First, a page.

• Design and construct all new buildings for high performance and energy efficiency: target net-zero capable EUIs for academic, administrative, and residential building types (this may not be possible for laboratory and social buildings)

Renewable energy

UC Riverside will need to pursue on-campus and/or off-campus solar or wind generation in order to achieve carbon neutrality.  After increasing the energy efficiency of existing and new buildings to an average campus EUI of 80 kBtu/sf-yr and decarbonizing campus infrastructure, 129 million kWh of annual electrical demand and 269 million kBtu of annual thermal energy demand remain.  This demand must be supplied with carbon-free energy to avoid the significant ongoing cost of carbon offsets.  (UC Riverside does not have access to sufficient agriculture and food waste for biogas to help significantly reduce campus greenhouse gas emissions. Implementation of a biogas facility should be further investigated for its potential to help reduce waste and provide research opportunities, however.)

  • Install solar thermal generation on all residential building rooftops.
  • Install solar energy generation on all other building rooftops.
  • Partner with utilities to develop off-site utility-scale solar and/or wind power to fulfill campus energy needs.

Carbon offsets

After energy efficiency and renewable energy, any remaining carbon footprint will need to be addressed with carbon offsets. Carbon offsets can have limitations: they do not always result in additional greenhouse gas reductions (the concept of “additionality” is a fundamental and contentious issue with carbon offsets).  Offsets should be seen as a last resort, as carbon offsets are annual payments with no payback and only include the benefit of carbon reduction, so grid generation is still required for the power.

Implementation

Priorities

  1. To reduce carbon emissions from existing buildings, UC Riverside should implement high-performance retrofits of existing buildings in order to meet recommended EUI targets.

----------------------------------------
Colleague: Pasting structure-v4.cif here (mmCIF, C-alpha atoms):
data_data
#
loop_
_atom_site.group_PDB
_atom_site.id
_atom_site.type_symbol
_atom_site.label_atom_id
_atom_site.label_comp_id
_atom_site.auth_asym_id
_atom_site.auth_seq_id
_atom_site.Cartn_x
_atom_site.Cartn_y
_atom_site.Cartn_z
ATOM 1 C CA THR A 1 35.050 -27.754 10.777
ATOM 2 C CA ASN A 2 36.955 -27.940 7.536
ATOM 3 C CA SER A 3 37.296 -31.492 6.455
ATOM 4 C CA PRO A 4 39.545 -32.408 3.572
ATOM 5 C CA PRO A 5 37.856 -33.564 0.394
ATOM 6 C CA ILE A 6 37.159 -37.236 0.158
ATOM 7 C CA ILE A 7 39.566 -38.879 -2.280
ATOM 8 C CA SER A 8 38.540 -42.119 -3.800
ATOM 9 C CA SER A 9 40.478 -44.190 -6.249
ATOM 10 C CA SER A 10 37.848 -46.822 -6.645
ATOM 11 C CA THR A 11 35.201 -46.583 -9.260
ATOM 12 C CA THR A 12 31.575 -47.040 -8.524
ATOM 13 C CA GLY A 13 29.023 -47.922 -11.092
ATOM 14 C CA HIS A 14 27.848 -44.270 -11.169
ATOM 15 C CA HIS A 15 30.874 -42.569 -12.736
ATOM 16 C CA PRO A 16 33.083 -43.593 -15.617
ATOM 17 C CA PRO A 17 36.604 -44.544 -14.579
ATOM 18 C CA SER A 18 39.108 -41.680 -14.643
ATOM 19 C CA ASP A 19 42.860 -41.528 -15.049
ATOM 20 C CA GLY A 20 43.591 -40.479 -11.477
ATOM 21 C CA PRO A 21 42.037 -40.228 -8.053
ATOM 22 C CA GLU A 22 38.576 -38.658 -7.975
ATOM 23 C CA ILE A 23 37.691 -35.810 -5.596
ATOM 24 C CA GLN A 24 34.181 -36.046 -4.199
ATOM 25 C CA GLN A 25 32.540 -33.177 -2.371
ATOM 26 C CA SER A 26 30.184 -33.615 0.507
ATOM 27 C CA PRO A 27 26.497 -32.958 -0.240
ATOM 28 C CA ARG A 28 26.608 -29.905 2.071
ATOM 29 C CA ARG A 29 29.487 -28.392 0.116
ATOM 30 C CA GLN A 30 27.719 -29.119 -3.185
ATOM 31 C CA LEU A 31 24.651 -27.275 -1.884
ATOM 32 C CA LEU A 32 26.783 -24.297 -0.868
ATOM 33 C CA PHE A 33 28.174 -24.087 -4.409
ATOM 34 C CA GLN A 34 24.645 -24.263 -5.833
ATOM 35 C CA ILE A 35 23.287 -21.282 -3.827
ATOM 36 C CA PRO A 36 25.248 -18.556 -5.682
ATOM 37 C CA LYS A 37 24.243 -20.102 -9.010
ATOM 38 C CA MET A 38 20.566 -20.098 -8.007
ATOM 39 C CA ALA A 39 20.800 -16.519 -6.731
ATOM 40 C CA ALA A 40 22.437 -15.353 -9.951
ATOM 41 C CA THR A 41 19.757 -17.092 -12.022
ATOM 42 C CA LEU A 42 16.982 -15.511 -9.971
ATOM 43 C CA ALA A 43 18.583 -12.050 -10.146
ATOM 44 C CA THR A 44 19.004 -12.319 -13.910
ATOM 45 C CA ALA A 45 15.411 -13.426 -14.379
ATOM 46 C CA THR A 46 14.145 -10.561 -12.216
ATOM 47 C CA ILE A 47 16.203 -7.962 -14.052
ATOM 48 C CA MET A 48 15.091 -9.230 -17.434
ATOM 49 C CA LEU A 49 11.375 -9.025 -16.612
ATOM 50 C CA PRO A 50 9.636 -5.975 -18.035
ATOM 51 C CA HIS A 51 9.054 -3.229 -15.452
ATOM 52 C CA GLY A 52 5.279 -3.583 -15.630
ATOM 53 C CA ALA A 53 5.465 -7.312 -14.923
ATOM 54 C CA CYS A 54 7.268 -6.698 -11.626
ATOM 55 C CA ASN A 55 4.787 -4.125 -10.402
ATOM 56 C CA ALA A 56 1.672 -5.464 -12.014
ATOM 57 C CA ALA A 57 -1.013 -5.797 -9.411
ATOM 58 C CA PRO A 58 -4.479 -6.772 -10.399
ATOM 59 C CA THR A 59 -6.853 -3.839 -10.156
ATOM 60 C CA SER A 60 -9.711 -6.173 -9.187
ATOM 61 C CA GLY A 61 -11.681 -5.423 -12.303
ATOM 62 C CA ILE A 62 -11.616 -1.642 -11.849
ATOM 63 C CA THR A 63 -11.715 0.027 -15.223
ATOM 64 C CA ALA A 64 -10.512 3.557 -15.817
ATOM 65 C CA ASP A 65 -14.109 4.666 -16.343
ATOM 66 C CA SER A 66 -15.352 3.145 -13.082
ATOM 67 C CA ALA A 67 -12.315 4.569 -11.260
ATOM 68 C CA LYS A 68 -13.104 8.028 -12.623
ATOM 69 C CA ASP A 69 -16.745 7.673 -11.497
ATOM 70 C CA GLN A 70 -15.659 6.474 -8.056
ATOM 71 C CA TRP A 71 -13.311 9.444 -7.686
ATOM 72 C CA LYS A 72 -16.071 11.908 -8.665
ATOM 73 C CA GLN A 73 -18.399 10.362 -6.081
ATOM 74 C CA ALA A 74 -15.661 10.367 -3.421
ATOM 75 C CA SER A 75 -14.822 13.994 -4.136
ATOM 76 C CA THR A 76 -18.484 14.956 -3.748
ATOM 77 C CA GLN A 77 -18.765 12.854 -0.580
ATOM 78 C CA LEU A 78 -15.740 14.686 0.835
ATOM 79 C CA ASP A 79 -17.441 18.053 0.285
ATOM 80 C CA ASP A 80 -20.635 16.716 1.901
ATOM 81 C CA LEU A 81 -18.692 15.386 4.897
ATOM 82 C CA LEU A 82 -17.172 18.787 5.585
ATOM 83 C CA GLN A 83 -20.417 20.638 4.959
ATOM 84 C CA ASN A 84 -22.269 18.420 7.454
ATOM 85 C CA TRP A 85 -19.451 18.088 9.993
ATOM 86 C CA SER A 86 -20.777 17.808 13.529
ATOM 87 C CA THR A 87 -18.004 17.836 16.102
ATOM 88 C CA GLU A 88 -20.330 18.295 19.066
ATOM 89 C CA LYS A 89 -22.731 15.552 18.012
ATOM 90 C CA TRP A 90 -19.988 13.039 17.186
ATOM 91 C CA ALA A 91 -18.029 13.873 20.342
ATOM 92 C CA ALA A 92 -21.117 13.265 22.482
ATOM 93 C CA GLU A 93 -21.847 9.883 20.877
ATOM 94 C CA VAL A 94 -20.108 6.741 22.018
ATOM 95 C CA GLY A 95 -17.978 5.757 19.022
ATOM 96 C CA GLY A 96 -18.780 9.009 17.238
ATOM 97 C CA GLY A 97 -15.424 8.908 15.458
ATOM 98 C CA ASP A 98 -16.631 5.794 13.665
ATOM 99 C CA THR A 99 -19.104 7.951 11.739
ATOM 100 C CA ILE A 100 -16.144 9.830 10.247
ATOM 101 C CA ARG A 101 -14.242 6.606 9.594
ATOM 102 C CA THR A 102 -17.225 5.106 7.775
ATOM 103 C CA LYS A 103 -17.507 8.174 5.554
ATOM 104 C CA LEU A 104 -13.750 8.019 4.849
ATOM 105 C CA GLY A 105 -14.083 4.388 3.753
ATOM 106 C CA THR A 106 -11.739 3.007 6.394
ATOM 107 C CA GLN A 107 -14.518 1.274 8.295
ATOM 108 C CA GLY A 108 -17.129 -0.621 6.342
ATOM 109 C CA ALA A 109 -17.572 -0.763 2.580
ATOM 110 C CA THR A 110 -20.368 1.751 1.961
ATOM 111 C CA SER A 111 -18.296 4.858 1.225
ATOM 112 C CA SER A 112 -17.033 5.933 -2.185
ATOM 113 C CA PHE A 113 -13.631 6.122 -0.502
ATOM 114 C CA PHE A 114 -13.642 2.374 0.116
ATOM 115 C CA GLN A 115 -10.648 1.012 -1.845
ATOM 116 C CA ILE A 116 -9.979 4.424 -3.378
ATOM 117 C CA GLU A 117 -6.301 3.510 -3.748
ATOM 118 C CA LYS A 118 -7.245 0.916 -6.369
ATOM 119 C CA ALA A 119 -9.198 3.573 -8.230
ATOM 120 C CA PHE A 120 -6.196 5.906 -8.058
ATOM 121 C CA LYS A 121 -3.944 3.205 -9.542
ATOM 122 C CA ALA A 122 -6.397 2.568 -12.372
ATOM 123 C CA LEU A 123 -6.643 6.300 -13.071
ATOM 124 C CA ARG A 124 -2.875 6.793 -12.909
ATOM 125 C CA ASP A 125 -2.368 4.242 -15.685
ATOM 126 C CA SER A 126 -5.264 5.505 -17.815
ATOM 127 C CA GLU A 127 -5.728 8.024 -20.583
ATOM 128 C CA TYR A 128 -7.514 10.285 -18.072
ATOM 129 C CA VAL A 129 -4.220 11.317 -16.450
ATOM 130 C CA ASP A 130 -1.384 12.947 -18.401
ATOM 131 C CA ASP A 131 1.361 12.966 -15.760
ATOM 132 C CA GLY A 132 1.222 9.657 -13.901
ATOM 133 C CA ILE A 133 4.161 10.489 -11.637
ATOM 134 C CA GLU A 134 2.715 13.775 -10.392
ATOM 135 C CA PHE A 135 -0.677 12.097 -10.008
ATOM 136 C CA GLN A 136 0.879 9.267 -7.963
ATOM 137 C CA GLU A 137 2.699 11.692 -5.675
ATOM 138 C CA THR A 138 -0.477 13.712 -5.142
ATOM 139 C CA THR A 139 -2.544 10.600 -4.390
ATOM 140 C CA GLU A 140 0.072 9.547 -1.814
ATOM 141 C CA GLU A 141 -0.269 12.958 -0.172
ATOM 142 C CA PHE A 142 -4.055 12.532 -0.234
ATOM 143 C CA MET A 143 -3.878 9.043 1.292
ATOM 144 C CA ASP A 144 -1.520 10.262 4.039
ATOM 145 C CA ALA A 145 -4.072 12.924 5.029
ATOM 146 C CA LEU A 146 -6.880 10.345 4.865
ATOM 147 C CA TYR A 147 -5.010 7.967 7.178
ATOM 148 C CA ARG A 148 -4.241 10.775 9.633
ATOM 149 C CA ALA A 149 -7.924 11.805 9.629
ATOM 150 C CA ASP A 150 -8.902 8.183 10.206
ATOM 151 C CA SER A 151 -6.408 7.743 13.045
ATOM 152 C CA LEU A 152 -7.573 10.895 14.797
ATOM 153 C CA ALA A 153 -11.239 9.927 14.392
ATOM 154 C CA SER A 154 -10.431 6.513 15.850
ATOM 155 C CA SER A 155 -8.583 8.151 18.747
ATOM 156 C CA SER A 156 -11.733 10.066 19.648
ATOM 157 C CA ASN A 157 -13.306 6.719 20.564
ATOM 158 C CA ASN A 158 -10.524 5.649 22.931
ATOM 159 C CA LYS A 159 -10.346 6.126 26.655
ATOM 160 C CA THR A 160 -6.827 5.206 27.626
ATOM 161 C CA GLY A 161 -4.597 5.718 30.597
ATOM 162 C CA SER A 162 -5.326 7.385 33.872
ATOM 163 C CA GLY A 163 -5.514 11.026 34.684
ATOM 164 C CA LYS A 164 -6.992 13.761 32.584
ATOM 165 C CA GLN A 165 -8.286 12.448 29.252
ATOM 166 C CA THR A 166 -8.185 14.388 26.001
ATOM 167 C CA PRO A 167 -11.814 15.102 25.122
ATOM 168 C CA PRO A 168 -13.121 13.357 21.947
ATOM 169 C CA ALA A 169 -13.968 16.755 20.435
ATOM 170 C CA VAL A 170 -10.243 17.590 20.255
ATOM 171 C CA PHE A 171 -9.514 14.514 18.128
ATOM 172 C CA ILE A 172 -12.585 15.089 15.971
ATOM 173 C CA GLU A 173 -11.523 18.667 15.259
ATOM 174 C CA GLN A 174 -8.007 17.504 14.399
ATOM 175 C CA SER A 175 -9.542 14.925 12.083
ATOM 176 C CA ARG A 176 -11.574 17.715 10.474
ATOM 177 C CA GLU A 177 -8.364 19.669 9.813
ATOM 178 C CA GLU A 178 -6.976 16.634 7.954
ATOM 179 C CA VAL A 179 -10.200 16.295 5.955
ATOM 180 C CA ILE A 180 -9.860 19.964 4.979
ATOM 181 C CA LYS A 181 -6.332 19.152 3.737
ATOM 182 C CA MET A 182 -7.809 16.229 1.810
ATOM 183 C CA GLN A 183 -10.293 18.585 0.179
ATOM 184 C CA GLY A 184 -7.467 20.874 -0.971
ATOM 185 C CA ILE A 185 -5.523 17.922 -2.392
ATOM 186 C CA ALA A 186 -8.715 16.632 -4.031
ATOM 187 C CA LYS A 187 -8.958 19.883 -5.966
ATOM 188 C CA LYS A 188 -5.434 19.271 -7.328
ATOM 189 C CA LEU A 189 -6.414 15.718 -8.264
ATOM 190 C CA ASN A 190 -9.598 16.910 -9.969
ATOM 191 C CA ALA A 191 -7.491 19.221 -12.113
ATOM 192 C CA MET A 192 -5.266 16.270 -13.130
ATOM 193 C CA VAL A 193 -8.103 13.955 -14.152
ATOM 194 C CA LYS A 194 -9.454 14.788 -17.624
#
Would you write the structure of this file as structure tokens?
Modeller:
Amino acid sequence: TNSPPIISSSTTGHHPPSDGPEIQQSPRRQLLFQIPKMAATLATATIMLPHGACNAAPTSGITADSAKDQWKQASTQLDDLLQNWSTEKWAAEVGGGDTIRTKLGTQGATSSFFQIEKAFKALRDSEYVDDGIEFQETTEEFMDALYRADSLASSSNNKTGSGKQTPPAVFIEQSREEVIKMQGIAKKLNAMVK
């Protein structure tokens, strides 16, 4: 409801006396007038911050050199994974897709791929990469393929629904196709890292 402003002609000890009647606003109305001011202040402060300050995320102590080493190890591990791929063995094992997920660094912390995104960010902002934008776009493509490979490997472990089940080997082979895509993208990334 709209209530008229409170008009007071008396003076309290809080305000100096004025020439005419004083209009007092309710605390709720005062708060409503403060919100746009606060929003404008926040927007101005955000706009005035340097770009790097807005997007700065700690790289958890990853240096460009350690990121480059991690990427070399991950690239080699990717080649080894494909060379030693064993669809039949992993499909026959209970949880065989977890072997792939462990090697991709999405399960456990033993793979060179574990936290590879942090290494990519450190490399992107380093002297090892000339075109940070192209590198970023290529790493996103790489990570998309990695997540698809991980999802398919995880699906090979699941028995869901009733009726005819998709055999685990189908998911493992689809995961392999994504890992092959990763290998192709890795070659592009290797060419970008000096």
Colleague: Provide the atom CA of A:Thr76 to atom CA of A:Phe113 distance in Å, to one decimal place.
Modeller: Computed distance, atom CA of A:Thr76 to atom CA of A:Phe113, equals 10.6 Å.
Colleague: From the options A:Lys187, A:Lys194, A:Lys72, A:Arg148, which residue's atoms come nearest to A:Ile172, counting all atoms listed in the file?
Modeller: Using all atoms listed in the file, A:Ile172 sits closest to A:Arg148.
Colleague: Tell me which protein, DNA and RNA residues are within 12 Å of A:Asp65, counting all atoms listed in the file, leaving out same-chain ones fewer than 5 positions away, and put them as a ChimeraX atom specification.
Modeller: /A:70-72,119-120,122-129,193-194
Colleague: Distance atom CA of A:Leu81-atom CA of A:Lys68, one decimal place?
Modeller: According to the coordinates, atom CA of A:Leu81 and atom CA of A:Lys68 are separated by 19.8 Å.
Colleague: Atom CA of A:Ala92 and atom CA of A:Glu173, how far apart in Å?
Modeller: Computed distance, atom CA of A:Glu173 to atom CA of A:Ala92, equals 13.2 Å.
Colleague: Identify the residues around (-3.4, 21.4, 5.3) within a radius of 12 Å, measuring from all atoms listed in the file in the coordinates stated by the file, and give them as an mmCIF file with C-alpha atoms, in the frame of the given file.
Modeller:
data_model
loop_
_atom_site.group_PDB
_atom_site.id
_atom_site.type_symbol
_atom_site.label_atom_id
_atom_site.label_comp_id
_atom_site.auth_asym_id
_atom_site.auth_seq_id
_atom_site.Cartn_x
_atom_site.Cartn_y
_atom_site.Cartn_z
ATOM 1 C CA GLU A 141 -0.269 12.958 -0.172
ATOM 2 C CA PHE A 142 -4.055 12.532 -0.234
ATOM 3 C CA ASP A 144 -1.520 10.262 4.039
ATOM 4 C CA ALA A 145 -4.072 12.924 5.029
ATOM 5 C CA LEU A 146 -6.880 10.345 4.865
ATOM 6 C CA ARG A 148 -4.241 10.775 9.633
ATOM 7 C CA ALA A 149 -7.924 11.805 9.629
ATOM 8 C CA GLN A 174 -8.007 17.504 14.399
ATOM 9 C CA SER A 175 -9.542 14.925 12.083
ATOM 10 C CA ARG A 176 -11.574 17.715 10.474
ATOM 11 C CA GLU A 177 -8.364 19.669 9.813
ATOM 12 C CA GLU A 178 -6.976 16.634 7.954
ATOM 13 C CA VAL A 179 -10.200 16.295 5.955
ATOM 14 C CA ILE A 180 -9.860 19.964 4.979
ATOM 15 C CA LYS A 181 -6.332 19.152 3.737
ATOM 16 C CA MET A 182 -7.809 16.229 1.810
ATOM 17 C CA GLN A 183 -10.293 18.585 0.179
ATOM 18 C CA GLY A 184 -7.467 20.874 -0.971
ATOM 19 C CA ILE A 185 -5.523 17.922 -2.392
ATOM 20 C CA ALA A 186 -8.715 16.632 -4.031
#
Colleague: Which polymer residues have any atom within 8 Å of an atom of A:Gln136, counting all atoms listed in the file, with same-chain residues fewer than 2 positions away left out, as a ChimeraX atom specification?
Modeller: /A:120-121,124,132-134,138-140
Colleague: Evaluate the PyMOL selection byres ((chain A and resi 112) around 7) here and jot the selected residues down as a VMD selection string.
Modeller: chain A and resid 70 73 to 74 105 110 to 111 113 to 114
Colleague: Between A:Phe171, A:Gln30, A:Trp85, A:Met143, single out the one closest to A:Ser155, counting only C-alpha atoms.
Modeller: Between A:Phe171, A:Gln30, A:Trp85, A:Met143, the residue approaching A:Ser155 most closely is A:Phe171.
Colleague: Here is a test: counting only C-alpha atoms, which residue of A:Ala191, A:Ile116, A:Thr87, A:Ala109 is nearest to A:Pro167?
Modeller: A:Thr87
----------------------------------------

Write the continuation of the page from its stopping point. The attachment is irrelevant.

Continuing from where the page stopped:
2. To reduce carbon emissions from future new buildings, UC Riverside should design to high-performance standards in order to meet recommended EUI targets.
  3. To reduce carbon emissions from electricity use, UC Riverside should install solar photovoltaic panels on all campus non-residential buildings and above parking lots, walkways, and other available open spaces.
  4. To reduce carbon emissions from natural gas use, UC Riverside should install solar hot water on all campus residential buildings.
  5. To eliminate all remaining on-campus fossil fuel combustion, UC Riverside should replace existing natural gas-powered infrastructure with electric heat pumps.
  6. To achieve carbon neutrality, UC Riverside should partner with Riverside Public Utilities or third-party renewable energy developers to install significant off-site solar photovoltaic or wind energy generation capacity to supply all remaining campus demand.

Metrics

  • Reduce existing building energy use by 49%.
  • Achieve performance 36% better than California energy code for new buildings.
  • Install 10 MW of solar photovoltaic capacity on all non-residential building rooftops.
  • Install 16 Billion Btu/yr of solar hot water on all residential building rooftops.
  • Install 8 MW of solar on 25 acres of campus open space and above parking lots and walkways.
  • Install 53 MW of off-campus solar on 162 acres of land or 43 MW of off-campus wind on 3,690 acres of land.
  • Purchase $175,000 per year of carbon offsets to account for natural gas combustion or convert all remaining natural gas infrastructure to electric and install additional 15 MW of solar or 12 MW of wind energy to account for this increased load.
  • Fully quantify Scope 3 Emissions and purchase offsets for Scope 3 Emissions (resulting mostly from transportation and supply chain emissions).

At a Glance

  • Riverside, CA
  • N/A